Submarine, a vessel designed to operate below the surface of the water. Submarines were of major importance in both World Wars and today rank with aircraft carriers as the most important ships in the world's navies. The development of nuclear-powered submarines, which have unlimited range and can cruise at high speeds underwater, has revolutionized naval strategy by placing the main emphasis on undersea, rather than surface, warfare. Non-naval submarines are important tools in ocean research and exploration of the ocean floor.

Research submarines are generally called submersibles and are not discussed in this article. (Technically, a submersible is any underwater vessel; a submarine is a submersible that operates without being tended on the surface; and a true submarine is a submarine that is more efficient underwater than on the surface and does not require periodic contacts with the atmosphere to obtain oxygen for the crew.)

Russia has the largest submarine fleet in the world, and about half of it is nuclear powered. The United States has fewer submarines, and all of them are nuclear powered. The U.S. Navy is a leader in the development of noise-suppression technology and of weapons for antisubmarine warfare (ASW). Many other countries include submarines in their naval fleets. These countries include not only major Western powers like Great Britain, France, and Germany, but also less-developed nations like Singapore, Oman, Indonesia, and Saudi Arabia.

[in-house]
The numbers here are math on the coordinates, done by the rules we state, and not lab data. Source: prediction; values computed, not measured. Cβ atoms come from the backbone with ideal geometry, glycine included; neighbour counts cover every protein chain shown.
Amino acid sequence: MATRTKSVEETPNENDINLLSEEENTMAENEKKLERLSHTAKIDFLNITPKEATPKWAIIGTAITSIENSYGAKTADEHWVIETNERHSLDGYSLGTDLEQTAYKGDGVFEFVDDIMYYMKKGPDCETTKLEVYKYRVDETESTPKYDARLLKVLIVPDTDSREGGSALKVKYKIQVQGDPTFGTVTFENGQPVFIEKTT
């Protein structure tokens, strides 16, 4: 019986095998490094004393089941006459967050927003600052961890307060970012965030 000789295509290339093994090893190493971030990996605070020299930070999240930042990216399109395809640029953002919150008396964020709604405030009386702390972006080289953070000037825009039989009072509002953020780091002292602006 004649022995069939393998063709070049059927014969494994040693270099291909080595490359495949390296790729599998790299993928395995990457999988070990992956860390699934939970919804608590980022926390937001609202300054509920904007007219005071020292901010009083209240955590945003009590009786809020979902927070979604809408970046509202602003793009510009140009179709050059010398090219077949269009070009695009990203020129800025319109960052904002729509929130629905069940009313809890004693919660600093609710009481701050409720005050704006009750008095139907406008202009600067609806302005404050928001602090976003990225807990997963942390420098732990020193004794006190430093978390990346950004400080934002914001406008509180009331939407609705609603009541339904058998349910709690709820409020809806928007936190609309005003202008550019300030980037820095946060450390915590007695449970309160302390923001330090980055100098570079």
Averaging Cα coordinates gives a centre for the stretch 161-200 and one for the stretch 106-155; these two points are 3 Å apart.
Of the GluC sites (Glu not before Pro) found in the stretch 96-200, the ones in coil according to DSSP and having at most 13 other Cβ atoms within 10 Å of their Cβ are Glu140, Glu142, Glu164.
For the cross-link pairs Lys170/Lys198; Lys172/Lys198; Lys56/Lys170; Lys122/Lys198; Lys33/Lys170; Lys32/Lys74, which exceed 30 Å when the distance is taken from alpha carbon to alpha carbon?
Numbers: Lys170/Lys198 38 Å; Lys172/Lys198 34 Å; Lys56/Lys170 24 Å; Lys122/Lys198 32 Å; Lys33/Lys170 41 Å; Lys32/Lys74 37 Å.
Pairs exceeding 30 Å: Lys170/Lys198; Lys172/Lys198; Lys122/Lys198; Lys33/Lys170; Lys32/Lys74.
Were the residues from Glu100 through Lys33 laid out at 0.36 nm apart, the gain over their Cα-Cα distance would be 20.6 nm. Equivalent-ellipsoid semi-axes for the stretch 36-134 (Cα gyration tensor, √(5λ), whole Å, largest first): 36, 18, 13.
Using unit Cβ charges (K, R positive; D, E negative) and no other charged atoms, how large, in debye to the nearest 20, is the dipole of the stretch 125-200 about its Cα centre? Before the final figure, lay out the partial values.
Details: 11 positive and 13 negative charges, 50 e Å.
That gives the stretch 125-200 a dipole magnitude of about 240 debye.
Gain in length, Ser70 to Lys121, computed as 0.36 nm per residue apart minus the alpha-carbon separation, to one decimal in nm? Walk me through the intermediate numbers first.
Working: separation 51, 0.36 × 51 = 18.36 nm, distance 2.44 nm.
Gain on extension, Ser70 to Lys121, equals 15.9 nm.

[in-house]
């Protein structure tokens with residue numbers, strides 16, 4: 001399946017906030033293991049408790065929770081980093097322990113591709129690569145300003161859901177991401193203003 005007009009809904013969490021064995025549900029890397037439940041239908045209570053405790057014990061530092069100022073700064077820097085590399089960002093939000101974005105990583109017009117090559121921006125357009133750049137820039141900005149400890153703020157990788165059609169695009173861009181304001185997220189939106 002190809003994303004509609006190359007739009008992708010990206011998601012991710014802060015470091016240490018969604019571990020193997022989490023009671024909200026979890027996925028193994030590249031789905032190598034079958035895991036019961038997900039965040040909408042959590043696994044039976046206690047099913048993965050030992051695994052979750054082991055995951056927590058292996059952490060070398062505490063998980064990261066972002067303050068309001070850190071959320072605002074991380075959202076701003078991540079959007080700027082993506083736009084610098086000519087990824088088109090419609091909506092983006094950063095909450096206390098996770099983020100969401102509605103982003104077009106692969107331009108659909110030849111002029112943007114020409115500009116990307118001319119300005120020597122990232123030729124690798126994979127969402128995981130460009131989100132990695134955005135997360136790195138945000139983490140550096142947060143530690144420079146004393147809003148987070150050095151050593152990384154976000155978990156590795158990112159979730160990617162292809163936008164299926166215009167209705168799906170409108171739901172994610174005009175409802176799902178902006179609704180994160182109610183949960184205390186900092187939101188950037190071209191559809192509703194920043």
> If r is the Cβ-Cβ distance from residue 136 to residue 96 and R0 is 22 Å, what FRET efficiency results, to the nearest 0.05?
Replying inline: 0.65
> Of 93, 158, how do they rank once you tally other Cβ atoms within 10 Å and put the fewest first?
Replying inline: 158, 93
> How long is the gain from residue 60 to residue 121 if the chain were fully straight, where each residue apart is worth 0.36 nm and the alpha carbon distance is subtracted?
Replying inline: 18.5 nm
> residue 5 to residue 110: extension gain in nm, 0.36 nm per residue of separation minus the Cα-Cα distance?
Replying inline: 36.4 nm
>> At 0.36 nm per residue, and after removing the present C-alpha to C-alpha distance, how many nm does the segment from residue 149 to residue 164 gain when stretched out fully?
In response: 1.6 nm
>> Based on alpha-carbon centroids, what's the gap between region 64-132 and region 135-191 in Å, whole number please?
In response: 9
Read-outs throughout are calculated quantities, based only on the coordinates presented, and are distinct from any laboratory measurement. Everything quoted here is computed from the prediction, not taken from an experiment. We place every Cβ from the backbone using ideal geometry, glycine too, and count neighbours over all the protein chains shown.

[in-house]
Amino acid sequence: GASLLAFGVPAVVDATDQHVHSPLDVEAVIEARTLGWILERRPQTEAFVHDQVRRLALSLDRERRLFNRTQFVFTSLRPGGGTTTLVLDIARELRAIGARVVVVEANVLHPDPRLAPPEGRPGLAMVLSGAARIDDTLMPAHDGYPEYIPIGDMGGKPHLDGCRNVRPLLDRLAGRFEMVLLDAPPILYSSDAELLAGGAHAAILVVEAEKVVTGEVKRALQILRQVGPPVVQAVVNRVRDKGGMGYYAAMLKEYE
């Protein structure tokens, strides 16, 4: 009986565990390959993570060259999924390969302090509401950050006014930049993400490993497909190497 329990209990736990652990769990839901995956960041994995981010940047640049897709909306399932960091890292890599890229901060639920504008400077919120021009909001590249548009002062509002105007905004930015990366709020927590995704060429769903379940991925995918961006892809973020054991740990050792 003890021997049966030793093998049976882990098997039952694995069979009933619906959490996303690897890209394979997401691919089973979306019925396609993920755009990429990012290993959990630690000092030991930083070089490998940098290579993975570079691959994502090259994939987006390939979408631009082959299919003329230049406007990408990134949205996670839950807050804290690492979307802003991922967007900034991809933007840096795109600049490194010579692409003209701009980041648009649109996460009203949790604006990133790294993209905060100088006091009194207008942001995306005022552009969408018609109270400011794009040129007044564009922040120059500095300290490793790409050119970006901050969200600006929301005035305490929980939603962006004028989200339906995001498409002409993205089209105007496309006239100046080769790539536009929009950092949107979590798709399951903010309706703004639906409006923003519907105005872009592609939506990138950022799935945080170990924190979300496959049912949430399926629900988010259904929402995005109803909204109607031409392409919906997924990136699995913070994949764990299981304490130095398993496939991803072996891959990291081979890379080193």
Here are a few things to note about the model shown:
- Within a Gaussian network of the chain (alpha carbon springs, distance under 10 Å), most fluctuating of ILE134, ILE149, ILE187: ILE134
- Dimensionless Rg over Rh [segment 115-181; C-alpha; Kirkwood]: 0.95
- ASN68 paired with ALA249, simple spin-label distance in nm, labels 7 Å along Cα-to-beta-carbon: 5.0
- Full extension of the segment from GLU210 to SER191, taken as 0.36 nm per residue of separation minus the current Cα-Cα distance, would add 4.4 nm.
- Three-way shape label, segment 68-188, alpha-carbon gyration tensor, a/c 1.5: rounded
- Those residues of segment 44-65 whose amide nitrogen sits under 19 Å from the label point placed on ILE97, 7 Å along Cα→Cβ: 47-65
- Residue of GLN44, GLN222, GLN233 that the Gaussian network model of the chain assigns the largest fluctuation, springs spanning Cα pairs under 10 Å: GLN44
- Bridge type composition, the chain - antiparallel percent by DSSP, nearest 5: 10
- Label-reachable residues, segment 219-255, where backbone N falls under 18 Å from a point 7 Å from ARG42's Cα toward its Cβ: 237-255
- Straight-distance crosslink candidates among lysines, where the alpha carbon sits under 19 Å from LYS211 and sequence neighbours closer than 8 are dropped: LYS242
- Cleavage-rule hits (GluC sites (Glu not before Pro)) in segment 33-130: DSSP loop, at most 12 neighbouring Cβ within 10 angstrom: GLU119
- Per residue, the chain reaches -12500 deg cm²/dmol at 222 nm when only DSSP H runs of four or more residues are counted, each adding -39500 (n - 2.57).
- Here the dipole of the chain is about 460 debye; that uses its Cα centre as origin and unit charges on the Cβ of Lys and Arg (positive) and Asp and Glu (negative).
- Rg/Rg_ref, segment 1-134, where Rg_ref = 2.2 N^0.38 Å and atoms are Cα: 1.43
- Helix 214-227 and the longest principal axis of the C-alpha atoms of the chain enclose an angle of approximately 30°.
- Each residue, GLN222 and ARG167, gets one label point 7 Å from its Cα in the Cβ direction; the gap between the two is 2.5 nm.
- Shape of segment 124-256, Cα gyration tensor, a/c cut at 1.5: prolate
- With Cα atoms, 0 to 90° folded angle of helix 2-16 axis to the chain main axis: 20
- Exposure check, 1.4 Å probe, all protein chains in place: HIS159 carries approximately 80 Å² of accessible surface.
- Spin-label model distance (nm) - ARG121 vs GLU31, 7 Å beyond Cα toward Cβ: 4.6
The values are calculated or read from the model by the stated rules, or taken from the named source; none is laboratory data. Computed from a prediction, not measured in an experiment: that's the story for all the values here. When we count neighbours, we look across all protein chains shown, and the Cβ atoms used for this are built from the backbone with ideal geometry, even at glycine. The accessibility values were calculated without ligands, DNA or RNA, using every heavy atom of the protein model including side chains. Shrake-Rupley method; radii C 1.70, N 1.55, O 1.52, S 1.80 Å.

Nuclear submarines are of two basic types—attack submarines and ballistic-missile submarines. Conventional submarines are also of two basic types—the long-range cruiser submarines and the small, short-range coastal submarines.

The U.S. Navy names its attack submarines after sea creatures, cities, states, and notable persons. Its ballistic missile submarines are named after states.